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us_food_aid
The House of Representatives is considering a bill that would reform the Food for Peace Act, which currently requires all agricultural commodities (i.e. food) in programs administered under the Act to be produced in the United States. The proposed Food Aid Reform Act amends the Food for Peace Act, but what does that mean for us here in the U.S.? Are we going to lose valuable American jobs by purchasing agricultural commodities abroad?

The Food for Peace Act is the bill that governs how we respond to emergency and nonemergency situations in other countries by providing food aid in times of need. Currently, the Act requires that all agricultural commodities be purchased in and exported from the United States to the target country, say, Country X. The reason this is a problem requiring a potential reform to this process is because of the high premium we pay for food in the U.S. versus the cost of the same food in Country X. That is, food may actually be much cheaper if purchased in Country X or a neighboring country.

Not only may food in Country X be cheaper, the cost of transporting food to Country X is astronomically higher as an international export than it potentially would be to transport it domestically. Especially if American food is being transported across oceans to arrive in Country X, the cost to both the taxpayer’s wallet and the environment are quite high in comparison to food being purchased a mere hundreds of miles or less away from the target area.

The Food Aid Reform Act changes the wording of the Food for Peace Act to allow agricultural commodities to be purchased in Country X or a neighbor of Country X to avoid the costs associated with purchase and export of American goods. Not only that, the Reform Act functions as an investment in the local economy of Country X, so that it may no longer need American food aid in the future. In that sense, this investment becomes an investment in our future.

Though there is an argument that we may lose a minimal number of jobs in the process of downsizing the rate at which we ship our food abroad for relief-type situations, the reform of our food aid system allows an investment in our future economy. By helping our friends across borders, we build future markets for American consumer goods. By the numbers, most countries to which we have offered aid have since developed consumer markets which, in turn, purchase goods from us. So, if the ethical argument isn’t convincing enough, consider the future of the American economy in reaching out to your local congressperson on these important issues. Your voice matters.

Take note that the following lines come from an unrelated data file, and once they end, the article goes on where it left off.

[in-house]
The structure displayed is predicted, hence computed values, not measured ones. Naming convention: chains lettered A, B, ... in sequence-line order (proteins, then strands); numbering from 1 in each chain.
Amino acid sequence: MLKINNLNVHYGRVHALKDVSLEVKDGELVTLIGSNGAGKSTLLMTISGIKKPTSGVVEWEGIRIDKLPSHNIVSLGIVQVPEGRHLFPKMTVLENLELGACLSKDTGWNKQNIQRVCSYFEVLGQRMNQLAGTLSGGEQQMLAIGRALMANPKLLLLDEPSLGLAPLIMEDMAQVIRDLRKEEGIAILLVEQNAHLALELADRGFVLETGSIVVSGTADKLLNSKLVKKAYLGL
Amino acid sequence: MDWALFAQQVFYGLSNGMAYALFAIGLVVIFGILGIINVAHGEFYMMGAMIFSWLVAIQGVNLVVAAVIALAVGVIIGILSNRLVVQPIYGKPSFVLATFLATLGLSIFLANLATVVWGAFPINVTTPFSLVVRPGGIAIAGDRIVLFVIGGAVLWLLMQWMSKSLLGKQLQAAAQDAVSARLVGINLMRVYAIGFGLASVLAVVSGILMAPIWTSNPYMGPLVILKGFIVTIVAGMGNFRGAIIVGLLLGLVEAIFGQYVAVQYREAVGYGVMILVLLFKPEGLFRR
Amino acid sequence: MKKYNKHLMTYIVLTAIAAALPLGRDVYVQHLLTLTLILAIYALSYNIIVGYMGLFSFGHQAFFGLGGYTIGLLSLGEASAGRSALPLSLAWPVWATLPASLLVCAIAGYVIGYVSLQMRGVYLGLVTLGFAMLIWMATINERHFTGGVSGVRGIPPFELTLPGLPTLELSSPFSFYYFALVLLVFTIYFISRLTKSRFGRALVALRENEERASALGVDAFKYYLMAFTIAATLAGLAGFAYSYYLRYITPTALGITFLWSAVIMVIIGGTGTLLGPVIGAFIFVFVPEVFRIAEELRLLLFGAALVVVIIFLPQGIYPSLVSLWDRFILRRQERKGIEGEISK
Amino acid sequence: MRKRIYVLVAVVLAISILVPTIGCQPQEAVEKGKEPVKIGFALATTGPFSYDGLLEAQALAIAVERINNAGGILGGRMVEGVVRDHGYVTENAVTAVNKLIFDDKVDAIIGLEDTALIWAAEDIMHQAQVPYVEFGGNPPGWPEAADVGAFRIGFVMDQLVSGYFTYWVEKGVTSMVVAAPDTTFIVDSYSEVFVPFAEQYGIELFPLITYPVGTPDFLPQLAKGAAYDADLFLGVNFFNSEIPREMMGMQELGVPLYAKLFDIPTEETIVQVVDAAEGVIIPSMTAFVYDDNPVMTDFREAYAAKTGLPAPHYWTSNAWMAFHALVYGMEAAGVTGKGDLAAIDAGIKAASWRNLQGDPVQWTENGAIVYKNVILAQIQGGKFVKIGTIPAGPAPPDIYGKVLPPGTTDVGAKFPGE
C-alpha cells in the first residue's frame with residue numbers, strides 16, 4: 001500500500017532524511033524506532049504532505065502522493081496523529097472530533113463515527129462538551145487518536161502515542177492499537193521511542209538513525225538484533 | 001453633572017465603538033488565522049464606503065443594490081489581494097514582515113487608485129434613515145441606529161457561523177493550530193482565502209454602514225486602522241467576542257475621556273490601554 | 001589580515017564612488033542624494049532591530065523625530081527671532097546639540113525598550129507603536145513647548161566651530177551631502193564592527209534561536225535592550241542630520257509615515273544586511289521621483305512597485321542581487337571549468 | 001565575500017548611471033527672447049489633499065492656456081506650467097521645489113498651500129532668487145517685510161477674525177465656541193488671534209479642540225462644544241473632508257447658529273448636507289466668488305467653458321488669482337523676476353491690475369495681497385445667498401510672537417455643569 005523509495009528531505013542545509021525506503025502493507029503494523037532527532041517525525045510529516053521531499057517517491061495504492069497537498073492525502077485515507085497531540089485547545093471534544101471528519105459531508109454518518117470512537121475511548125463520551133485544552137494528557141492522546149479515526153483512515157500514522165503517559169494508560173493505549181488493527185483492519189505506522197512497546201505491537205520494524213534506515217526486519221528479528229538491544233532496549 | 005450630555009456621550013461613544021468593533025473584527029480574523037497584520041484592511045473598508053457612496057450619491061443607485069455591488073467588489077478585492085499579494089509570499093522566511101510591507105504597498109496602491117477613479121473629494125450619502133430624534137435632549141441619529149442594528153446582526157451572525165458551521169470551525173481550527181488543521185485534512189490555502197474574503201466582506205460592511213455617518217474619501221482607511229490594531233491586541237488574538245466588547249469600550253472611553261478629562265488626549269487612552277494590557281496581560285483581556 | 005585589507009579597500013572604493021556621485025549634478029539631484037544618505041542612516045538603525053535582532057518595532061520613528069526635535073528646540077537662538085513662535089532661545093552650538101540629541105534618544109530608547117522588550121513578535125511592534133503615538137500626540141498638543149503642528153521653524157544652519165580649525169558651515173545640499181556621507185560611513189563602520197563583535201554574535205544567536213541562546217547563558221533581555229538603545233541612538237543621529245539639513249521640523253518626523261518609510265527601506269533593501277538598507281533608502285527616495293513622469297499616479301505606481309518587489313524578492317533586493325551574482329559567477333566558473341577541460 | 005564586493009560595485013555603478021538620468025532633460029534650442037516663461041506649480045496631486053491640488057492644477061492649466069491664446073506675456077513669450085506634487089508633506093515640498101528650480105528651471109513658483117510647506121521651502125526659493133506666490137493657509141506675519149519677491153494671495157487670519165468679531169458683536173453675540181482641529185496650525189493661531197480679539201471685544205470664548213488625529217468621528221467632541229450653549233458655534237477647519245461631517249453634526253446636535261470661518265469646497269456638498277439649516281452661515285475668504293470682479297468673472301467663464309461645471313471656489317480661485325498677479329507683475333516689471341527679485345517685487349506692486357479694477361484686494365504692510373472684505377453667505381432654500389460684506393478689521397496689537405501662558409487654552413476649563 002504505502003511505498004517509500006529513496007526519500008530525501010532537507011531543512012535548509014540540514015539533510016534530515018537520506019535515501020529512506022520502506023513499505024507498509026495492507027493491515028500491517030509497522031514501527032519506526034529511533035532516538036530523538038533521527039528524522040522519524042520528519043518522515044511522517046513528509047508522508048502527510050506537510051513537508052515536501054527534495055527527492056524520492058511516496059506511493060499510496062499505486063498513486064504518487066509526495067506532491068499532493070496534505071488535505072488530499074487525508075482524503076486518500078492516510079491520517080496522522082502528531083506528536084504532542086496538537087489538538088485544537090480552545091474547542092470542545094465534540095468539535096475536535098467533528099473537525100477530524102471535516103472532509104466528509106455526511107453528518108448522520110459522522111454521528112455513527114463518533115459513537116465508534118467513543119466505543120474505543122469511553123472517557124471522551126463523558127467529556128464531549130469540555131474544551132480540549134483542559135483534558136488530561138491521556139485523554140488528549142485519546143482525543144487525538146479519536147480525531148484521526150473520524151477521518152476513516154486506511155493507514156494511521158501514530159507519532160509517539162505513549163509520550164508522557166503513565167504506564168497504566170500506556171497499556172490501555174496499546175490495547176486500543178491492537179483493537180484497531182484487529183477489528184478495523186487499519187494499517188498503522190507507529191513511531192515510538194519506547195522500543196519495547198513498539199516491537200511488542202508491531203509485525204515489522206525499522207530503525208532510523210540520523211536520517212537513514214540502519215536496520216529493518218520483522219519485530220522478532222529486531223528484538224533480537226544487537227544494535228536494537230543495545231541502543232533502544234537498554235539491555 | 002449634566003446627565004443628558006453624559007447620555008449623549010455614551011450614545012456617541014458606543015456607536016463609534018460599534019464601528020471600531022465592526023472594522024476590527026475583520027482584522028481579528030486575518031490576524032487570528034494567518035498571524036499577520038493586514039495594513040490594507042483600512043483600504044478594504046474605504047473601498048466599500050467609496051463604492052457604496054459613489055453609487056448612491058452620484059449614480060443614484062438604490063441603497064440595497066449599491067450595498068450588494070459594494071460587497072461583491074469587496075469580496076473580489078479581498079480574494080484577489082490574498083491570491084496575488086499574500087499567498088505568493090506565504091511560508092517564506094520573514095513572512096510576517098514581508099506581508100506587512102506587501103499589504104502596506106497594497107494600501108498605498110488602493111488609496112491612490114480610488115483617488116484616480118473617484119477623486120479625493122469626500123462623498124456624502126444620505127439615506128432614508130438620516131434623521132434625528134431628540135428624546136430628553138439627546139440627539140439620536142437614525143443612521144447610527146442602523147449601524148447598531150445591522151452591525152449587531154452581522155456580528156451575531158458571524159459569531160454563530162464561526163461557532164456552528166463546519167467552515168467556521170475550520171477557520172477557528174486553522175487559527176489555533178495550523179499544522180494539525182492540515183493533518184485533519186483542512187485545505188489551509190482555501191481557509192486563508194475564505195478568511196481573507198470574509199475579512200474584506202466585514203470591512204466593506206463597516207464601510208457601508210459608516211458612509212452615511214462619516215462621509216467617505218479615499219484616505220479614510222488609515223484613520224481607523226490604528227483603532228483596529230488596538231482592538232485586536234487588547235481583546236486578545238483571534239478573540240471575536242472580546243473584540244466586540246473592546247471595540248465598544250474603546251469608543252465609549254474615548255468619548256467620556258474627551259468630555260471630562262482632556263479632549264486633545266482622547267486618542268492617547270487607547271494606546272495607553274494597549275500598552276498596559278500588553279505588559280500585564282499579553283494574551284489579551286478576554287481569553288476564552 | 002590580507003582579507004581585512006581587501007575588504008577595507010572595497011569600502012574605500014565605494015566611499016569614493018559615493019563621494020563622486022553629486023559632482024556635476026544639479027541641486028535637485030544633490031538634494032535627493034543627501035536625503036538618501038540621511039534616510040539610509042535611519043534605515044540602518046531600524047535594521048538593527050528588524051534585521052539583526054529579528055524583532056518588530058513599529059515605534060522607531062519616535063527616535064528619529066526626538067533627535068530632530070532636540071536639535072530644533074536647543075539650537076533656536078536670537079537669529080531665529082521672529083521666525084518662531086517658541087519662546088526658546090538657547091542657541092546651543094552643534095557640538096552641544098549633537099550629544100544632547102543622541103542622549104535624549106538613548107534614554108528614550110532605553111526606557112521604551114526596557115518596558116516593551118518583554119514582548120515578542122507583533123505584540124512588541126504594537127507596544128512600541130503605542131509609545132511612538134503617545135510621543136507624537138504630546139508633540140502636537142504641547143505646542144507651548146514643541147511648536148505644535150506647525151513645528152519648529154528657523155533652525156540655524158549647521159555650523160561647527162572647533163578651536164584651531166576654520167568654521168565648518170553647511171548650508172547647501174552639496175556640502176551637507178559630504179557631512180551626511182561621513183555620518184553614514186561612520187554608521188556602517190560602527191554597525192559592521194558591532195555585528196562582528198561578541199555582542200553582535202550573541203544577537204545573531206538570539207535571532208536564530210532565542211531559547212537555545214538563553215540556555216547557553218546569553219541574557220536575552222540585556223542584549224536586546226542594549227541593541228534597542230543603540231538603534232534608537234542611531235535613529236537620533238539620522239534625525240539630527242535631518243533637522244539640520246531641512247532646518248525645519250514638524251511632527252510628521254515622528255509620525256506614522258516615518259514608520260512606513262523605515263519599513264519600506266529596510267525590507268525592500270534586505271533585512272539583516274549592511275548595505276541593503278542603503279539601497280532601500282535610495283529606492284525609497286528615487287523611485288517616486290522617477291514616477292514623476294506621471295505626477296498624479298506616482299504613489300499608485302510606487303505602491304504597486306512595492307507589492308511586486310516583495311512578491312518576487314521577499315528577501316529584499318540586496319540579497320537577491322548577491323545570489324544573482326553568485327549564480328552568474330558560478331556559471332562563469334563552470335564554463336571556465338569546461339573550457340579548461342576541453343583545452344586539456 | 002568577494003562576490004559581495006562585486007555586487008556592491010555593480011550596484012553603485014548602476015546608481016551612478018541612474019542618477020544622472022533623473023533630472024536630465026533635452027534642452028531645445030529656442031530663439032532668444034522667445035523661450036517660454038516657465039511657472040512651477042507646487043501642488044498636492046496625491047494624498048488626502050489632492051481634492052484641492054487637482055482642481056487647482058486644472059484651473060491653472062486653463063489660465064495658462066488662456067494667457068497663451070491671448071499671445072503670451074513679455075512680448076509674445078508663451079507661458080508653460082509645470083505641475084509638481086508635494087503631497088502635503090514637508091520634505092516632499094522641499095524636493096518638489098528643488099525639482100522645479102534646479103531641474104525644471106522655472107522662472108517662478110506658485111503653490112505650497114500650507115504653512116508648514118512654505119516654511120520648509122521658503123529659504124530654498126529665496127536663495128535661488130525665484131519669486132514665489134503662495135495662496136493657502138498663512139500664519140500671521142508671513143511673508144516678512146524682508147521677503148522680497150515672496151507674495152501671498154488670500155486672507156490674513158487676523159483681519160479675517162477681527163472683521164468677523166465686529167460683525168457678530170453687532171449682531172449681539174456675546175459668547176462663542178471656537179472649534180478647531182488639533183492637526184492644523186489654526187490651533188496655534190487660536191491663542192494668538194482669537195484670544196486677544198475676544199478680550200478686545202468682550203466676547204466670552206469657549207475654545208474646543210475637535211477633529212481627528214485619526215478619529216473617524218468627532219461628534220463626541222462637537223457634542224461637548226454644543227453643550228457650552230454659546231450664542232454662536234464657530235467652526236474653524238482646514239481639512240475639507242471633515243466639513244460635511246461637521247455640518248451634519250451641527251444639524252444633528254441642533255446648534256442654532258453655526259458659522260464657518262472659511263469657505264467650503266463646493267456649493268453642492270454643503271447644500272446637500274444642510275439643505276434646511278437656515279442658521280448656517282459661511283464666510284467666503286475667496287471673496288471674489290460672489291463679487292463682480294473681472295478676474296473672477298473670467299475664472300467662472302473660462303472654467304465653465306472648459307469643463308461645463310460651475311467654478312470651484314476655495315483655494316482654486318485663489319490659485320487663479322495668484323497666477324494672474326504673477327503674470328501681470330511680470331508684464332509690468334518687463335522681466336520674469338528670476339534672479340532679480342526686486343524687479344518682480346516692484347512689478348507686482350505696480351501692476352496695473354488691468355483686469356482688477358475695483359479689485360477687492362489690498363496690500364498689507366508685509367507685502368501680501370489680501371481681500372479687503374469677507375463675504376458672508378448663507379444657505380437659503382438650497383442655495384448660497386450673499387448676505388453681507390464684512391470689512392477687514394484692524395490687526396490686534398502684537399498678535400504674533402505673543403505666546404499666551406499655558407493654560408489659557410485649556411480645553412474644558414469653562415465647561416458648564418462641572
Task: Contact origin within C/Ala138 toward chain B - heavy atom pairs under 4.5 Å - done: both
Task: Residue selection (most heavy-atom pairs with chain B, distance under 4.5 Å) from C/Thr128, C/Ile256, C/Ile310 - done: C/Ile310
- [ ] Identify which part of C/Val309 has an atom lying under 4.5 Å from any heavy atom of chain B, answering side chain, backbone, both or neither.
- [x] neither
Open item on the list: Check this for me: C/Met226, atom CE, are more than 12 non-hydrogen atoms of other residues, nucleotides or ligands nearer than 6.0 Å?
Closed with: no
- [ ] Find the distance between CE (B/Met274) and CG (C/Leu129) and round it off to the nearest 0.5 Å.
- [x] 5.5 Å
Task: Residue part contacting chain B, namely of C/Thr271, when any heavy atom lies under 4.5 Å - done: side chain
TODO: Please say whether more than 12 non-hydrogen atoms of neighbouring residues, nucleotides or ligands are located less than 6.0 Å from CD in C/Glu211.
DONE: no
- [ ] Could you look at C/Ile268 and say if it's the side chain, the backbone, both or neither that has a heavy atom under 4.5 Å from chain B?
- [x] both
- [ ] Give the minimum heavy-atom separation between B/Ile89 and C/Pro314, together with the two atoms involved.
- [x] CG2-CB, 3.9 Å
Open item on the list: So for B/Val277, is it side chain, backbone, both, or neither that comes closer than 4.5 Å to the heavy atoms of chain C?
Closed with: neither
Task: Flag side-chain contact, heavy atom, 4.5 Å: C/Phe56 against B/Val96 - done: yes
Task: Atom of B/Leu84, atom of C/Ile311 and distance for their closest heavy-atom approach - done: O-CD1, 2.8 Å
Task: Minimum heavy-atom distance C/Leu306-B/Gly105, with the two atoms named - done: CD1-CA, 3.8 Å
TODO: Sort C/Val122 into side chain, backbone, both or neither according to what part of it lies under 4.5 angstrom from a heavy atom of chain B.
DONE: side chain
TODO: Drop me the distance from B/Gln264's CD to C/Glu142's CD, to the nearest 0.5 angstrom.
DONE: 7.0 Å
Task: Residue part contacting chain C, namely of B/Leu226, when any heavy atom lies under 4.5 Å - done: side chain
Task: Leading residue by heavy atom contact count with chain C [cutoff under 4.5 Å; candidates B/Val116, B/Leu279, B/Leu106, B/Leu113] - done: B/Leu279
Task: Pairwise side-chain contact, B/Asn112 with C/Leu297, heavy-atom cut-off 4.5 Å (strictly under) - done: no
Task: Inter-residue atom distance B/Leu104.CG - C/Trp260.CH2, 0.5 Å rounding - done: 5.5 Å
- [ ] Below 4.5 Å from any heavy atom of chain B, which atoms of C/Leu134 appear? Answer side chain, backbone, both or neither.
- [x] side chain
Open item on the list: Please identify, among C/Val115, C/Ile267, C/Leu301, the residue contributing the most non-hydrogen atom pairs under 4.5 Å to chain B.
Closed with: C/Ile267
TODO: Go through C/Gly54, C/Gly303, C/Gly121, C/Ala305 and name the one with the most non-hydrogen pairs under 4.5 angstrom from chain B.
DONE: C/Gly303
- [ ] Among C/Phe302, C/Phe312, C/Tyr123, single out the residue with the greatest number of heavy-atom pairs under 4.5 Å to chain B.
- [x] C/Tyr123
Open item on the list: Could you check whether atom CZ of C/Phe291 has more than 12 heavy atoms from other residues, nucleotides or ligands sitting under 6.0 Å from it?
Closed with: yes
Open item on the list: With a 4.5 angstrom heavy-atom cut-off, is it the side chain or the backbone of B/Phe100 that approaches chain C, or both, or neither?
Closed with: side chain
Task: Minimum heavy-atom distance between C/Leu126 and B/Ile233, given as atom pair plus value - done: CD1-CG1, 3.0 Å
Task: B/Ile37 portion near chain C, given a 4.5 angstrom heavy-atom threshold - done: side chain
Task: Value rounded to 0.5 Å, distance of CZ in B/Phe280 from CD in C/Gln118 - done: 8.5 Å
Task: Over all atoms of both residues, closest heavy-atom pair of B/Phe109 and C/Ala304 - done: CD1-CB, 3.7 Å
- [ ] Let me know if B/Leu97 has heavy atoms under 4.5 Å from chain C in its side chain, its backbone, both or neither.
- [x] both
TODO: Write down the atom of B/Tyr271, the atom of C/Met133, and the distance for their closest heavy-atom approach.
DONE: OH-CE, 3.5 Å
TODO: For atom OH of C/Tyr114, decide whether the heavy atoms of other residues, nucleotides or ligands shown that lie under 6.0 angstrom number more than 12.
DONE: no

– Herman Watson
Sources: The Borgen Project, GovTrack.US, ONE,
Photo: The Telegraph

ed-royce-food-aid-reform-act_opt
U.S. Representative Ed Royce of California’s 39th District, current Chairman of the House Foreign Affairs Committee, has a long career in public service. Beginning in 1982 as a state senator for southern California, Representative Royce authored the nation’s first anti-stalker bill. Since then, his interests have transitioned to international issues and, serving his eleventh term in Congress, he now holds a long record in the House sub-committee focused on foreign affairs. Today, he is a staunch supporter of the Food Aid Reform Act, which currently faces stiff opposition in the House.

Edward “Ed” Royce is no stranger to standing up for change, even if he has to do so alone. Over thirty years ago, Representative Royce’s anti-stalker bill was the first of its kind in America. Now, all fifty states boast versions of that original bill. Later in his career, he was the first legislator to call for a single regulator under the Treasury Department for the three housing government sponsored entities: Fannie Mae, Freddie Mac, and the twelve Federal Home Loan Banks. The Congressman has had a storied career in pushing important national legislation.

From 1997 to 2004, Representative Royce chaired the Africa Subcommittee and, in his more recent work in Congress, he has voiced the importance of Africa to the U.S. Moreover, Royce underscores the importance of investing foreign aid in African nations. So much does the Chairman appreciate the necessity of efficient and effective aid for Africa that he has strongly voiced his support for immediate passage of H.R. 1983, the Food Aid Reform Act currently in the House Foreign Affairs Subcommittee of Congress.

The Congressman recognizes that aid to Africa not only supports Africans in the fight against global poverty, but also revitalizes consumer markets in target countries that, in turn, purchase goods from the United States. The concept is not novel. Rather, historical data shows that most of those countries benefiting from U.S. aid in the past have since become consumers of American goods. The initial investment, as it turns out, acts as a catalyst to establish sustainable middle-class markets that demand imported products that we can provide. Simply put, foreign aid creates domestic jobs.